Buying a car can be a thrilling experience, but it’s essential to stay vigilant to avoid falling prey to some common tactics that dealerships use to inflate car prices. From hidden fees to upselling unnecessary add-ons, here are ten sneaky tricks you should be aware of when shopping for your next vehicle.
Many dealerships add various fees to the car’s sticker price, such as documentation fees, dealer prep fees, or advertising fees. These can add hundreds or even thousands of dollars to the final cost. Always ask for a breakdown of these fees and negotiate to have them reduced or removed.
Dealers may try to upsell you on accessories, extended warranties, or protection packages that you may not need. Before agreeing to any add-ons, research their value and consider if they genuinely benefit you.
Low-Ball Trade-In Offers
When you trade in your old vehicle, dealers might offer you a lower price than it’s worth. Get multiple appraisals from different dealerships or private buyers to ensure you’re getting a fair deal.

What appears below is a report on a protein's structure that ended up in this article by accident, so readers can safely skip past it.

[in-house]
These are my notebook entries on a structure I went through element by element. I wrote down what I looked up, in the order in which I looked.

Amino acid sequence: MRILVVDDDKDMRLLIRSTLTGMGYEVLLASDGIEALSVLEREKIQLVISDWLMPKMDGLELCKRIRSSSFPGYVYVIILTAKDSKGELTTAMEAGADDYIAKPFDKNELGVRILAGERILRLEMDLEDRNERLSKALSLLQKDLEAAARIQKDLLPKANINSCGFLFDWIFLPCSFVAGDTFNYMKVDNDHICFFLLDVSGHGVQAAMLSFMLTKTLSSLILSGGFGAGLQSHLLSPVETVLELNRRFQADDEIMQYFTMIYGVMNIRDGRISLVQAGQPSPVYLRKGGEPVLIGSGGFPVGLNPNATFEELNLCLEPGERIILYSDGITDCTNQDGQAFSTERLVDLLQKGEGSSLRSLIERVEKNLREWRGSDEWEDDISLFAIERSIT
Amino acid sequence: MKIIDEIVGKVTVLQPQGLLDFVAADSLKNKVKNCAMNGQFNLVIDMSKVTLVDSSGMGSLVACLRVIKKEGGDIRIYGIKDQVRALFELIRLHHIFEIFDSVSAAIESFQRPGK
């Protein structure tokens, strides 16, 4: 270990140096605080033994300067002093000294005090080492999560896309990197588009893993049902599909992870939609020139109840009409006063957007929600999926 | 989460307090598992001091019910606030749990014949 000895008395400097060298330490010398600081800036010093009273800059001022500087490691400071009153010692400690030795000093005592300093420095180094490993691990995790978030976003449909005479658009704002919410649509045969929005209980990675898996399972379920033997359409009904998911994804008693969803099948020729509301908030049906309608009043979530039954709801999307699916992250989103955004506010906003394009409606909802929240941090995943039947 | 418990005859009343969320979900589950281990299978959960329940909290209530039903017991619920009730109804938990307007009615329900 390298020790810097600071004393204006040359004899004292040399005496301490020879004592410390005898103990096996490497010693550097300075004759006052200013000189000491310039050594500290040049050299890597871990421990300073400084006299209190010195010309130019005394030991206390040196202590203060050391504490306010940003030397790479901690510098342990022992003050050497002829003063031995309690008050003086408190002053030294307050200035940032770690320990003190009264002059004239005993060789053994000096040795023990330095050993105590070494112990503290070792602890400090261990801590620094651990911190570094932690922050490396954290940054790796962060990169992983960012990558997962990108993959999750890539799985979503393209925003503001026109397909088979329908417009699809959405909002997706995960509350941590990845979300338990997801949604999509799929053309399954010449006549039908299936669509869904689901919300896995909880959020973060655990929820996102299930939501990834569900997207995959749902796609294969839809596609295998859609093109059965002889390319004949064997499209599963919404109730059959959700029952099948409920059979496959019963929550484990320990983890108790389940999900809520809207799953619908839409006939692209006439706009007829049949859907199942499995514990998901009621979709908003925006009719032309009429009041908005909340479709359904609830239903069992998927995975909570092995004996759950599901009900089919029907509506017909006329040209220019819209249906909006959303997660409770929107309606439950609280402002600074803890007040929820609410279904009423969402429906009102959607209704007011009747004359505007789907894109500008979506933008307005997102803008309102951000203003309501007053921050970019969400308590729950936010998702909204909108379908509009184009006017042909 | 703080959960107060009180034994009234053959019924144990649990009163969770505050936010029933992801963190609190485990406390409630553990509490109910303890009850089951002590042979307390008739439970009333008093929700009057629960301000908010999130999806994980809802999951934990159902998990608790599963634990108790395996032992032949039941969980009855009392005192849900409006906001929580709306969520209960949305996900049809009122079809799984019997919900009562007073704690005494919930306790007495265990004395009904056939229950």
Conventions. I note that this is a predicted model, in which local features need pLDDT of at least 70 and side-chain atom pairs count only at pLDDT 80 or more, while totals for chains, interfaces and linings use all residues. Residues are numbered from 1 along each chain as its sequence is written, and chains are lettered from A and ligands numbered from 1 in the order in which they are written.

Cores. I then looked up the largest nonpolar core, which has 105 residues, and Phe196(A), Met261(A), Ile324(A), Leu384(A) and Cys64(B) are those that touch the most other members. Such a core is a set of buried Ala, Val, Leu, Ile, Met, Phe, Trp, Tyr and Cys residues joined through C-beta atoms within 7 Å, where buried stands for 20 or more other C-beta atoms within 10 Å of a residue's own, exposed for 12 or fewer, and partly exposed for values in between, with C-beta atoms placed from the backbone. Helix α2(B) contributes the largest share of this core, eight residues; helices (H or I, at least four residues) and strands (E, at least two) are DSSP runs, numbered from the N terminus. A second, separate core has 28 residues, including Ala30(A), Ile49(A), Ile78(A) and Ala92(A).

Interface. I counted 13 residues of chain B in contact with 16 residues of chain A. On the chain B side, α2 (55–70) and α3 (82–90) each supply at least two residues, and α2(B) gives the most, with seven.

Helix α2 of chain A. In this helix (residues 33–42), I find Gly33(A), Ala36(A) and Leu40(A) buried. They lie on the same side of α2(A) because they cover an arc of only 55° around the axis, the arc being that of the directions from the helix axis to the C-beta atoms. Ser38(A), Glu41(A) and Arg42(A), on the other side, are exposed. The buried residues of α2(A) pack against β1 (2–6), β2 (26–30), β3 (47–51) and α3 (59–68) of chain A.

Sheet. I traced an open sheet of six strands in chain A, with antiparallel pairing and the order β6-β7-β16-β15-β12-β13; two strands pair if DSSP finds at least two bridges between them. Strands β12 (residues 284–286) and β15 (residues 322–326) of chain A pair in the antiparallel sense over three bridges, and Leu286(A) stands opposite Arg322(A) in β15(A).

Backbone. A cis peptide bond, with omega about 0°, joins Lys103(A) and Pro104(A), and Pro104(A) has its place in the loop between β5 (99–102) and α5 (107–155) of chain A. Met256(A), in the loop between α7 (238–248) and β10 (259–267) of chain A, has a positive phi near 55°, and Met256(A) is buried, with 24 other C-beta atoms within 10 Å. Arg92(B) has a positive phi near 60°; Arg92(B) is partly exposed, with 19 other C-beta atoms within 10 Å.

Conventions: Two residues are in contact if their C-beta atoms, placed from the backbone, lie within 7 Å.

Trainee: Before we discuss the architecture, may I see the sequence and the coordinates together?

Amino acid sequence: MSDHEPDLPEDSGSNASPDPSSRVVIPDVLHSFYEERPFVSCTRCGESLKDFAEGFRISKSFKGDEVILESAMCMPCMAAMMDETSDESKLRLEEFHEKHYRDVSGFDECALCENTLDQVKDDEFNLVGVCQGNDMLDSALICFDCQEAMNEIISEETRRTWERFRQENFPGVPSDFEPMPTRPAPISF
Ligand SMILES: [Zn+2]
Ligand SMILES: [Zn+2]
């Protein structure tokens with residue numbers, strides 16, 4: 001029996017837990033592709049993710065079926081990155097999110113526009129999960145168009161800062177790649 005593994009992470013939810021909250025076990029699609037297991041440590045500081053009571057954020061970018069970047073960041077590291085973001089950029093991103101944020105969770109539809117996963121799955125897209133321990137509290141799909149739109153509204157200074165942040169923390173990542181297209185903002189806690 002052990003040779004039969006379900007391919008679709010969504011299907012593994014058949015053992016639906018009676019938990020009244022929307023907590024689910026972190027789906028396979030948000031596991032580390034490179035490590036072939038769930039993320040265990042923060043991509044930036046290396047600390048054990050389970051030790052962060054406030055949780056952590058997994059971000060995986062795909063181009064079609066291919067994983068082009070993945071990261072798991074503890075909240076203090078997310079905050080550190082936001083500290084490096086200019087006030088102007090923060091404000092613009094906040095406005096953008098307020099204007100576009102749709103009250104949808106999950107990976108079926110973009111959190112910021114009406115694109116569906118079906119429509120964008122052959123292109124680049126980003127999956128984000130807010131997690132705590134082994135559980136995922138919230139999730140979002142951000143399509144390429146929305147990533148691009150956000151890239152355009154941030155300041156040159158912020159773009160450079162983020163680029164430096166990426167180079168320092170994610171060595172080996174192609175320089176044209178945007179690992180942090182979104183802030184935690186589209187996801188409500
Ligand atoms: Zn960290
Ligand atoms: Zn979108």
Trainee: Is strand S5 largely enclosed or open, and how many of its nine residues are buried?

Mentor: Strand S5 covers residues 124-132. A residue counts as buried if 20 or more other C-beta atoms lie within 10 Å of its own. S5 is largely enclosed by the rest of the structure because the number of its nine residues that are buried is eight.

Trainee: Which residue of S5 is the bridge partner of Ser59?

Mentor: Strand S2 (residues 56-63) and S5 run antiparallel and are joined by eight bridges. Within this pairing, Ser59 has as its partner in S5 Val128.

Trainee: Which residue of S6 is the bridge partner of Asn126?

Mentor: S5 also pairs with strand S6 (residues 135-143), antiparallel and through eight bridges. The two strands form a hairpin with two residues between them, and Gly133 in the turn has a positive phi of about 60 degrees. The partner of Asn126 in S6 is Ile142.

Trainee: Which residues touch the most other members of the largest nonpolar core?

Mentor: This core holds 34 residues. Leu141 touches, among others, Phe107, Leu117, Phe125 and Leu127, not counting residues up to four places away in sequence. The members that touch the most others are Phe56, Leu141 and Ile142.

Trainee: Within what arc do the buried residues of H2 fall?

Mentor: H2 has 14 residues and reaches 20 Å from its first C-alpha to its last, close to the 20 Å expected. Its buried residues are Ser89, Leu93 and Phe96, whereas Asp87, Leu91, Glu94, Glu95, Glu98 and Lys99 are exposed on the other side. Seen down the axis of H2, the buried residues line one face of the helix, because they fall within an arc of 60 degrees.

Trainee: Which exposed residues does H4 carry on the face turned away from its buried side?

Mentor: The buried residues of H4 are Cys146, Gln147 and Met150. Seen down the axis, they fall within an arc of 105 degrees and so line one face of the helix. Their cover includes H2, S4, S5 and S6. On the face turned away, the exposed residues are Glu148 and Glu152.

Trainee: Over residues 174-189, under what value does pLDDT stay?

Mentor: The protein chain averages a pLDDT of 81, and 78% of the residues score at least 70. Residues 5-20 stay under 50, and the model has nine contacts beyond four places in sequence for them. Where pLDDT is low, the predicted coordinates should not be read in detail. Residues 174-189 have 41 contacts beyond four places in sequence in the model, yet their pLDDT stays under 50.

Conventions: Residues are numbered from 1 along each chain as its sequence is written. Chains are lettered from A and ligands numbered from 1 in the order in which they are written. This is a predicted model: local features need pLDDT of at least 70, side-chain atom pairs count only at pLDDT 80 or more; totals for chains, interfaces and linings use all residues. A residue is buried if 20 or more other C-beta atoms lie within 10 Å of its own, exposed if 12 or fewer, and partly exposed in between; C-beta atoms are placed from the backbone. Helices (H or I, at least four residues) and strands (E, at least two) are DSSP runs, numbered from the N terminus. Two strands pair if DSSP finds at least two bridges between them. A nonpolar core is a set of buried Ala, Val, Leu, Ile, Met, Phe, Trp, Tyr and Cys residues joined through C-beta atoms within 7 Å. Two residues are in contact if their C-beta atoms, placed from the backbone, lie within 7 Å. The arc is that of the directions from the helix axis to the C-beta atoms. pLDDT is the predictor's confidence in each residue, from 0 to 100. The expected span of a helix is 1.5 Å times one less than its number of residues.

Some dealers artificially inflate the car’s price to make it appear more valuable, allowing them to offer a seemingly generous discount later. Always research the car’s fair market value to ensure you’re paying a reasonable price.
Dealerships may advertise discounts or incentives that only apply to specific customer groups, such as military personnel or recent college graduates. Make sure you qualify for these incentives before factoring them into your negotiation.
Misleading Interest Rates
Dealers may offer low-interest rates but extend the loan term to make more money on interest over time. Always focus on the total cost of the loan and the interest rate to evaluate the deal.
Dealers often use a four-square worksheet to confuse buyers by mixing variables like the trade-in value, down payment, monthly payment, and the car’s price. Focus on the final, out-the-door price to prevent getting sidetracked.
Some dealers advertise attractive deals on specific vehicles but claim they are no longer available when you visit the dealership. They’ll then try to steer you toward more expensive options. Verify the car’s availability before visiting.
Extended Test Drives
Dealers may encourage extended test drives to create an emotional attachment to the car. This makes it harder for you to walk away and more likely to accept unfavorable terms.
Dealers may pressure you with limited-time offers or “today only” discounts to rush the buying process. Take your time, do your research, and be prepared to walk away if the deal doesn’t suit your needs.